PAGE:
Troll’s second album, Legend Master, out April 12th via Shadow Kingdom Records, is a meandering, yet still gripping narrative that is as much Tolkien as Asimov in its content, full of tense, dynamic compositions that balance riff and melody to great effect.
deliver a slow, heavy miasma of uncompromising aural punishment on their eponymous debut (Closed Casket Activities
Waldgeflüster’s latest offering, Mondscheinsonaten (Nordvis Produktion), is a gentle lullaby delivered via the near-perfect meshing of gentle folk-like acoustic melodies with blastbeat-ridden waves of black metal hellfire.
Sinmara’s latest release via Ván Records, Hvisl Stjarnanna, is equally gloomy and nihilistic in temperament to 2014’s Aphotic Womb, although its composition and arrangement are far more sequentially structured, with lower tempos and more focus on mood.
Temple of Skies, the debut album from Idaho’s Tempestarii, is less an album than the exorcism of a malignant spirit - an unsettling, dynamic and ritualistic showcase of atmospheric black metal.
While the term “mature” hardly suits My Life with the Thrill Kill Kult’s creative content, their latest album, In the House of Strange Affairs, could perhaps be described as “accomplished” in terms of their musical evolution up to this point.
Valtakunta (out now via Signal Rex), the latest album by Finland’s Se Lusiferin Kannel, is a chilling, exploratory hour-and-change of seriously dark long-form ambient black metal.
Like some marvel of black metal engineering, in Moritat (out via Unholy Conspiracy Deathwork), Der Rote Milan have created an album that is functional in its expression of human darkness, yet aesthetically enchanting at the same time.
Wan’s Gamma är äldst, out now via Carnal Records, may be one-dimensional blackened thrash, but on the plus side, it is easy to listen to and plain, simple fun.
Blot & Bod, a three-piece from Copenhagen, achieve a frenetic symbiosis between raw, low-end black metal and punk delivered with infectious aplomb on Ligæder, a vinyl re-release of their 2017 debut, out on February via Iron Bonehead Productions.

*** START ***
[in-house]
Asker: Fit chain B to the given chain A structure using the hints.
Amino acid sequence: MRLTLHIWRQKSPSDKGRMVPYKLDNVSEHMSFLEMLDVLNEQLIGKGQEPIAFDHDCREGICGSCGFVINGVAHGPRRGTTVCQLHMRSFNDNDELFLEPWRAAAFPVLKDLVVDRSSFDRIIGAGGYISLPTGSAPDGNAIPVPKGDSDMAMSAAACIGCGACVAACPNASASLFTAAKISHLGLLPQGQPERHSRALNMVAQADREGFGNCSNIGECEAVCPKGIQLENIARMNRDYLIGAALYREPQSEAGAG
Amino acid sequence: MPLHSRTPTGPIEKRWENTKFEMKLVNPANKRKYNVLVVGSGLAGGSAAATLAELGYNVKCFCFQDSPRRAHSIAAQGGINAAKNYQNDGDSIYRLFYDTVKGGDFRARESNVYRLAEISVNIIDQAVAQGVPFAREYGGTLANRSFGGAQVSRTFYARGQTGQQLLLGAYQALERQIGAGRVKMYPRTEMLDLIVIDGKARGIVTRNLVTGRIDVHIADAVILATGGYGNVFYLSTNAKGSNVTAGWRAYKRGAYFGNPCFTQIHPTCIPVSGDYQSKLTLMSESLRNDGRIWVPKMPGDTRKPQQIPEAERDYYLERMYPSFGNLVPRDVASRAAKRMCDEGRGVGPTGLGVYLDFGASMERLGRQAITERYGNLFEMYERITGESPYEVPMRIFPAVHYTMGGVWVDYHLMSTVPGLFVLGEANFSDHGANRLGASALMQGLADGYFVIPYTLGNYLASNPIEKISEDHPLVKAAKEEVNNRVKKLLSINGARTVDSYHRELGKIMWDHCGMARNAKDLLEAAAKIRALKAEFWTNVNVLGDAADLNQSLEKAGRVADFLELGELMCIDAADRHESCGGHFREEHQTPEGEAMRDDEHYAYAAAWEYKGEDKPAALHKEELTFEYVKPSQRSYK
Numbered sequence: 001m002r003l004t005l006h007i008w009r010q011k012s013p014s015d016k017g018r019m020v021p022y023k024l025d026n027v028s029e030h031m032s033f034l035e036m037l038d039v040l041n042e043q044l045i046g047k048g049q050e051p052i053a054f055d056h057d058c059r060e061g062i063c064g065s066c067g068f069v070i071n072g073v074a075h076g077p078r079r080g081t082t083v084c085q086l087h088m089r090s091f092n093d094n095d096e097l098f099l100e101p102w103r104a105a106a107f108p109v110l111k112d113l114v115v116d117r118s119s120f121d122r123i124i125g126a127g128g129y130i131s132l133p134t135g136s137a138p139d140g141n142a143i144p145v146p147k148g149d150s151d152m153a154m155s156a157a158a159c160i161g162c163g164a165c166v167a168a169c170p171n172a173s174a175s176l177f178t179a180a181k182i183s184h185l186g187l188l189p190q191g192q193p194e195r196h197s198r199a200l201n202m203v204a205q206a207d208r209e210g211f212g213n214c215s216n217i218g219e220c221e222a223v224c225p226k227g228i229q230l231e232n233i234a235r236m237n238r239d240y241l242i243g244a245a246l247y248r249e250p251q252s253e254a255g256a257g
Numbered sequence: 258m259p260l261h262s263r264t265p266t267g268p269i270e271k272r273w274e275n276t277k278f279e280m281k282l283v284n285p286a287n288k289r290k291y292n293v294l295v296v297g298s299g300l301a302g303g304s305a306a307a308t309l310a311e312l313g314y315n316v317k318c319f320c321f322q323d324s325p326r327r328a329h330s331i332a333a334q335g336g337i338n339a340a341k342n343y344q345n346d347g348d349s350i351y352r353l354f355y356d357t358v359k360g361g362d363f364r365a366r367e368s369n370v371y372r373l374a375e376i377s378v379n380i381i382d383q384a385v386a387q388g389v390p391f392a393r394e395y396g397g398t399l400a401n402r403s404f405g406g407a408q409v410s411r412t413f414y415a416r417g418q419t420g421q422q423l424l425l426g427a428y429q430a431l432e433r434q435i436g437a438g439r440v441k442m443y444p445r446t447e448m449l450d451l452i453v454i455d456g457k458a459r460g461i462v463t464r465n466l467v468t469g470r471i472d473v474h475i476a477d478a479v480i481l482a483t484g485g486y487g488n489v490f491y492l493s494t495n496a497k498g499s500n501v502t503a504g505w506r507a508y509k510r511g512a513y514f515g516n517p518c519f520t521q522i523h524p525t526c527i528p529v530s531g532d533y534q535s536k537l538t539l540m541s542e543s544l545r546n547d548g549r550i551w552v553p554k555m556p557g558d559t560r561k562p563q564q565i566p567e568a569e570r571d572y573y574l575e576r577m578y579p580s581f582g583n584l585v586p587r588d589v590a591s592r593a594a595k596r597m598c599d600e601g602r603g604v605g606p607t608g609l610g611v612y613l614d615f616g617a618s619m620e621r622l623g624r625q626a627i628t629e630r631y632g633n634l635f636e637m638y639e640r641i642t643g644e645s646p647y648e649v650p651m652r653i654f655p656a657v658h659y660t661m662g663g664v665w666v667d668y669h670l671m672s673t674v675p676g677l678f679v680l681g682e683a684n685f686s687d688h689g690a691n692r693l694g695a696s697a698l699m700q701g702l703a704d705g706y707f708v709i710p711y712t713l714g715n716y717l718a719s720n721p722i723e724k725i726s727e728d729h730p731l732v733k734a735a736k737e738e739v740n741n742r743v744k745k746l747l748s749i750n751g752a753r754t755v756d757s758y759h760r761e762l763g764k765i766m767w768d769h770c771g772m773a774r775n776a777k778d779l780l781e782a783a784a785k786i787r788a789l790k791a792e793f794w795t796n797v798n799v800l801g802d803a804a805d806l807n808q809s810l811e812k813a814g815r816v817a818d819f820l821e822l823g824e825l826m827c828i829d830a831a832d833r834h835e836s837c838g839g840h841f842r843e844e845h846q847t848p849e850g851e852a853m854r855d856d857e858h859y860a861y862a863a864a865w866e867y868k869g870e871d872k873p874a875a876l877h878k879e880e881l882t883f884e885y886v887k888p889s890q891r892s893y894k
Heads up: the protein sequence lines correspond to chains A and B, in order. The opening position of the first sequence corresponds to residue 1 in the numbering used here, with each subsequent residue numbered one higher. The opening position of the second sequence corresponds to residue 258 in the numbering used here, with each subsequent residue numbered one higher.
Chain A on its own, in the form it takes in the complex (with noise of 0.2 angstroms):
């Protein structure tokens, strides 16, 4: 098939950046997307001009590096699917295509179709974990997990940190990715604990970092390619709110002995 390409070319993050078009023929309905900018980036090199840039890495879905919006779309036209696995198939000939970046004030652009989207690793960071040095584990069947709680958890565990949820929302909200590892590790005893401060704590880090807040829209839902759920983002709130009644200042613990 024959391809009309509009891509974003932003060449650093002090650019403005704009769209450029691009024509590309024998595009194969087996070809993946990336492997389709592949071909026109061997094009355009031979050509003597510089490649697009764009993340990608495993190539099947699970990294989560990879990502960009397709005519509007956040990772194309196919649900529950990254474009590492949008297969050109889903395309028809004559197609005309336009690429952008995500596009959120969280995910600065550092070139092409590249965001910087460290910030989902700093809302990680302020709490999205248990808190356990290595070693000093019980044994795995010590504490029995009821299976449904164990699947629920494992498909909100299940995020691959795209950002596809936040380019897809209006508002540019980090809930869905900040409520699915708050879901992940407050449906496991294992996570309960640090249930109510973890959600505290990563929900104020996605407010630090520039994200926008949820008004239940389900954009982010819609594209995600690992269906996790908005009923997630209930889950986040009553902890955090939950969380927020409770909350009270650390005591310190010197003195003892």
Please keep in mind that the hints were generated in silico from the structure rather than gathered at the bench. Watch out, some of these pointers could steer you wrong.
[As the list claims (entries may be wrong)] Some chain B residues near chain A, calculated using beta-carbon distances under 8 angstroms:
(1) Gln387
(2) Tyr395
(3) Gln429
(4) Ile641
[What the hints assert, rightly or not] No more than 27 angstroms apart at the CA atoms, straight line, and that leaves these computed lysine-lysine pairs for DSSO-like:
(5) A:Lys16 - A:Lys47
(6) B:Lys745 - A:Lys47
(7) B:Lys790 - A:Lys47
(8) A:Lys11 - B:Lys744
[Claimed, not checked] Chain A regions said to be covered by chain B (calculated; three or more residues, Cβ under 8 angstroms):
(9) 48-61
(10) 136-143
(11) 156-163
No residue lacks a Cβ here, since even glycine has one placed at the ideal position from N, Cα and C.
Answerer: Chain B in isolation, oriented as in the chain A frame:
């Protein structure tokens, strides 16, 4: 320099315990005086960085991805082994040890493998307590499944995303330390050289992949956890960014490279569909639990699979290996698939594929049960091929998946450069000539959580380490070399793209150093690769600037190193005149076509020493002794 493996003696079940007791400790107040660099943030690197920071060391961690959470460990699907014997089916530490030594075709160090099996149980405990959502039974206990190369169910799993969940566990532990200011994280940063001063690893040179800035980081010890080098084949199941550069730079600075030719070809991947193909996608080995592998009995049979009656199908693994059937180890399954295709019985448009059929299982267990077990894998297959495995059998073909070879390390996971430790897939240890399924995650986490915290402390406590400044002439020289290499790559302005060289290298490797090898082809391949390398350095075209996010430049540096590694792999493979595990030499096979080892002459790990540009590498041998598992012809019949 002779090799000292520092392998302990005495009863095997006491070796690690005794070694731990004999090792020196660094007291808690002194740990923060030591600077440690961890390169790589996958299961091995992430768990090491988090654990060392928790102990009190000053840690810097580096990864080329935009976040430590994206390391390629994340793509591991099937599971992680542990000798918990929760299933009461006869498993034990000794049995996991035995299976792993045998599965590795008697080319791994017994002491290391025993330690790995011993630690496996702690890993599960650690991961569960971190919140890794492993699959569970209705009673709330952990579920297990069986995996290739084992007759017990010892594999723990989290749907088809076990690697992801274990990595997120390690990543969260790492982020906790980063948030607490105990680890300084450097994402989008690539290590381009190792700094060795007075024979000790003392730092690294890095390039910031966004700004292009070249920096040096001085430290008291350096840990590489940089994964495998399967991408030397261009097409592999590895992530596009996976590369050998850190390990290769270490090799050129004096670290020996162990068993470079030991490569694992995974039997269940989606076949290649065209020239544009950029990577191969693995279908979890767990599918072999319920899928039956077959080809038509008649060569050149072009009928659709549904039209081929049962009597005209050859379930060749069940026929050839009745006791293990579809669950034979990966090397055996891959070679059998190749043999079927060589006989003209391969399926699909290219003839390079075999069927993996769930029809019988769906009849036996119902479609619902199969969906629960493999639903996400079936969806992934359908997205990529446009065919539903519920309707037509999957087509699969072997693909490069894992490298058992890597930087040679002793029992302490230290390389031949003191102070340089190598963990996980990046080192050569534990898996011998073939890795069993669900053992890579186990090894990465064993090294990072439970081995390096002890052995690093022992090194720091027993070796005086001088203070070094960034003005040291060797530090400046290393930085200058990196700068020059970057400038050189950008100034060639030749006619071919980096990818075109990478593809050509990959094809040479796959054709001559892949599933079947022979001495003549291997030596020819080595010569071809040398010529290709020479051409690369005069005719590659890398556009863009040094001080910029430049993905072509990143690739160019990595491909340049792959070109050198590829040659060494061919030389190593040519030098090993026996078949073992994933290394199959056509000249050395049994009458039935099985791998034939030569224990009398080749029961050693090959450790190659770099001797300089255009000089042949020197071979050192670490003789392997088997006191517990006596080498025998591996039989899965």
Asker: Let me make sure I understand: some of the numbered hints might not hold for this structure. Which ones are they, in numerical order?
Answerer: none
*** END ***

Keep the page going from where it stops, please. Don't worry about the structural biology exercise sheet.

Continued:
Despite obvious production flaws, Mütiilation’s The Lost Tapes still exudes a barbaric charm that may be limited to a kvlt audience but definitely checks the right boxes for this small sector of the black metal community.
Viewed holistically, Nyctophilia’s Ad Mortem Et Tenebrae is an enjoyable black metal listen, but not a memorable one, despite its authentic efforts at second-wave mimicry.
Richard Z. Kruspe’s passion for guitars, rock n’ roll and musical innovation in general shine through on A Million Degrees, Emigrate’s third album.
On Heir to Despair, Japan’s Sigh have, as usual, taken the road less travelled and released yet another fresh, genre-defying album of progressive, avant-garde black metal. This approach may not guarantee popularity, but they can definitely sleep the sleep of the artistically fulfilled.
While the mood of the do-it-yourself attitude of early second-wave black metal is all but absent on this tribute record, it is still a delight in terms of nostalgic charm – and while the holistic impression of the record is a little awkward and (obviously) not fresh, original creative output – but the admiration these bands hold for the halcyon days of black metal yore, and for Burzum, is undeniable.
Cevin Key’s Brap & Forth Vol. 8 showcases production over arrangement in a selection of outtakes and demos – but still captures the overall essence of Remission (1984) and Bites (1985), Skinny Puppy’s groundbreaking first two albums.
Revelations of the Red Sword is a deeply esoteric album, blessed with a huge presence and a constantly shifting undercurrent of unapologetic misanthropy. But it’s also a more refined expression than 2012’s Flesh Cathedral and a triumph for Iceland’s Svartidauði.
Due out via Transcending Obscurity, Dødsferd’s, Diseased Remnants of a Dying World is an excellent showcase of a long-running band that refuse to rest on their laurels and instead keep producing quality content.
Worlds Open, Worlds Collide may be the only full-length One Tail, One Head will release, but they are going out on a high note: a solid disc that keeps the True Norwegian Black Metal flag flying high.
Beastland evokes a nostalgic response through its use of industrial tropes and inspires through its unique instrumental approach but Author & Punisher ultimately rely too heavily on novelty of approach in a woefully disinterested, uninformed musical climate.